Jupiter's huge, intense magnetic field behaves as though there were a giant bar magnet inside
the planet. The magnetic field acts as a deflector shield against the stream of particles in the
solar wind coming from our Sun. Instead of striking Jupiter, some of these charged particles get
caught inside the magnetosphere, where they are accelerated to enormous speeds and zip along
the planet's magnetic field lines.
Galileo measures Jupiter's magnetic field while passing through it. To avoid picking up
interference, certain instruments are held away from the spacecraft. The
measures the strength and direction of the field. The Energetic Particle Detector and the Plasma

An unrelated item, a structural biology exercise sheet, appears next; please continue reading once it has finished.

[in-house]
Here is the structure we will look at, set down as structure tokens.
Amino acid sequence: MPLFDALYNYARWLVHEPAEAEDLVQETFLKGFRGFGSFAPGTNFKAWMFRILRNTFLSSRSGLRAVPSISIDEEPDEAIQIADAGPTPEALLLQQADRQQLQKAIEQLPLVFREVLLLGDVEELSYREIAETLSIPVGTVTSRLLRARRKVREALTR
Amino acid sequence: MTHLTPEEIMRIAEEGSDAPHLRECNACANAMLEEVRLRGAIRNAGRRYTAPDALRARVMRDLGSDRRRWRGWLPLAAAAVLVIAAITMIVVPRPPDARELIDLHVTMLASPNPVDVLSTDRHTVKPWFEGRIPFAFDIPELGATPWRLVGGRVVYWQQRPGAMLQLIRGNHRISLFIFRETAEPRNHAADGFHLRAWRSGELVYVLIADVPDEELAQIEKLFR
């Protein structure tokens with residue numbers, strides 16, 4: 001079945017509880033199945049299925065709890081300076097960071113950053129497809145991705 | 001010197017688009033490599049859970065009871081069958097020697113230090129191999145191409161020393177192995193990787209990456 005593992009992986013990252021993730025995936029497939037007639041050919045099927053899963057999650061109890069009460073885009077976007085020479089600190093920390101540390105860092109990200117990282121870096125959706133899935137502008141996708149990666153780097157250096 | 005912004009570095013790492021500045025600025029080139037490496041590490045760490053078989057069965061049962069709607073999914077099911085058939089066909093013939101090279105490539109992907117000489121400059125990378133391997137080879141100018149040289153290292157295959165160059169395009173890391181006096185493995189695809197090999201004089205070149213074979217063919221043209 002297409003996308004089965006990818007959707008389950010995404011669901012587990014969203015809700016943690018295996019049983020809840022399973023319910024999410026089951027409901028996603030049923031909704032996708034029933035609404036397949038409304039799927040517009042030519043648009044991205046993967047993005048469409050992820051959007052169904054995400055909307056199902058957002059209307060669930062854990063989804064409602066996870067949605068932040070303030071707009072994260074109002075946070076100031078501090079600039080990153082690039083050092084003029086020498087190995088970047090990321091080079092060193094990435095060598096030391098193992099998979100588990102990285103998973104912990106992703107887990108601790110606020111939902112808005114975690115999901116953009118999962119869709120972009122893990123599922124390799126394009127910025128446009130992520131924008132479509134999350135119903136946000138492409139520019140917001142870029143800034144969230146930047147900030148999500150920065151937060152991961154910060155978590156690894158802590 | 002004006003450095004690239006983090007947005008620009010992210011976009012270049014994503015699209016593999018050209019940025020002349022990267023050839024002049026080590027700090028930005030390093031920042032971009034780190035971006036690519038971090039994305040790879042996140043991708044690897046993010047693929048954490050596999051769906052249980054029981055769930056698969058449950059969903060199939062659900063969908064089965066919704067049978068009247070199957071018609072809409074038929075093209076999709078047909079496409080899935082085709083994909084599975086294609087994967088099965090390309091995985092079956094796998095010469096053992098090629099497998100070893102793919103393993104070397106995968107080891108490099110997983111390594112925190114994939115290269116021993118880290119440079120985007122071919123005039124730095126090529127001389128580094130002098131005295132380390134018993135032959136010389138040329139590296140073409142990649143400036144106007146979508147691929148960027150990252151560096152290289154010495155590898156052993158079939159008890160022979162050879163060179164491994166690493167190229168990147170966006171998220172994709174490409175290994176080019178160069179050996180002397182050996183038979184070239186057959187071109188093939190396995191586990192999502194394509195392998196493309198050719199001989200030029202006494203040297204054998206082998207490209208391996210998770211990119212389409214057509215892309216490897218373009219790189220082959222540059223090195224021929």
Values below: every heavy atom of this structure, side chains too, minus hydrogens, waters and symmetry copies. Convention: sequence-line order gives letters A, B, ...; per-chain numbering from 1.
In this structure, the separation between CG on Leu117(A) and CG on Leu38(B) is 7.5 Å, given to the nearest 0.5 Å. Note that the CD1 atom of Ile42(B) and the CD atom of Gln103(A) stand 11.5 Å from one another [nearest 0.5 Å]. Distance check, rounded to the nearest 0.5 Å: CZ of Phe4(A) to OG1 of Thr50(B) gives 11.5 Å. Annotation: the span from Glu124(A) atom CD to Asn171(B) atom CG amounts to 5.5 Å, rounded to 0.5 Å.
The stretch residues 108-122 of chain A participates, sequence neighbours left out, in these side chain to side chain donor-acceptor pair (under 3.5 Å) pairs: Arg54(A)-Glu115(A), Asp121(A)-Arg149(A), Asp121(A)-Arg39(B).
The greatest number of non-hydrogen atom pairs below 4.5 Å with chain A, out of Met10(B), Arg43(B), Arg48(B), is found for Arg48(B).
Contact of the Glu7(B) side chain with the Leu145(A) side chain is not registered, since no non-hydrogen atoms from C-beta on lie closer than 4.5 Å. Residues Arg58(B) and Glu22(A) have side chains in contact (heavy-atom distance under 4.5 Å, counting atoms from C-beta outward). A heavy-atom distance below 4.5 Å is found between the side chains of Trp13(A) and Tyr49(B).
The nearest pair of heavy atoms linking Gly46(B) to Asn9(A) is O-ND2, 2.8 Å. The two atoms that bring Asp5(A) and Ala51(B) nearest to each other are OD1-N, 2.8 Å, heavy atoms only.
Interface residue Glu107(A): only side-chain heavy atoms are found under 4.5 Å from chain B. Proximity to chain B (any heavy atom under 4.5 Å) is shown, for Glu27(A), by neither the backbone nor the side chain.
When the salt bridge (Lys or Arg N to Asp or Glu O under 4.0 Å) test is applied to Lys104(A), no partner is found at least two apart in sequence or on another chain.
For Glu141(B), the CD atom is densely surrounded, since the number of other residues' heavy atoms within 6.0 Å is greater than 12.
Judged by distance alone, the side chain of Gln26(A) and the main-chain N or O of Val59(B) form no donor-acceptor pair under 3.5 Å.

Instrument determine the number, energy, and direction of the particles inside the magnetosphere
and in the solar wind. A Plasma Wave detector senses waves in the streams of particles.
Galileo's camera records a bright aurora, as fast-moving particles from the Sun follow
magnetic field lines into Jupiter's atmosphere. The beautiful glow results as the charged particles
strike the upper atmosphere. The aurora also glows in ultraviolet light, which is measured by
Galileo's Ultraviolet Spectrometer
and Extreme Ultraviolet Spectrometer.
Next: Observing Interiors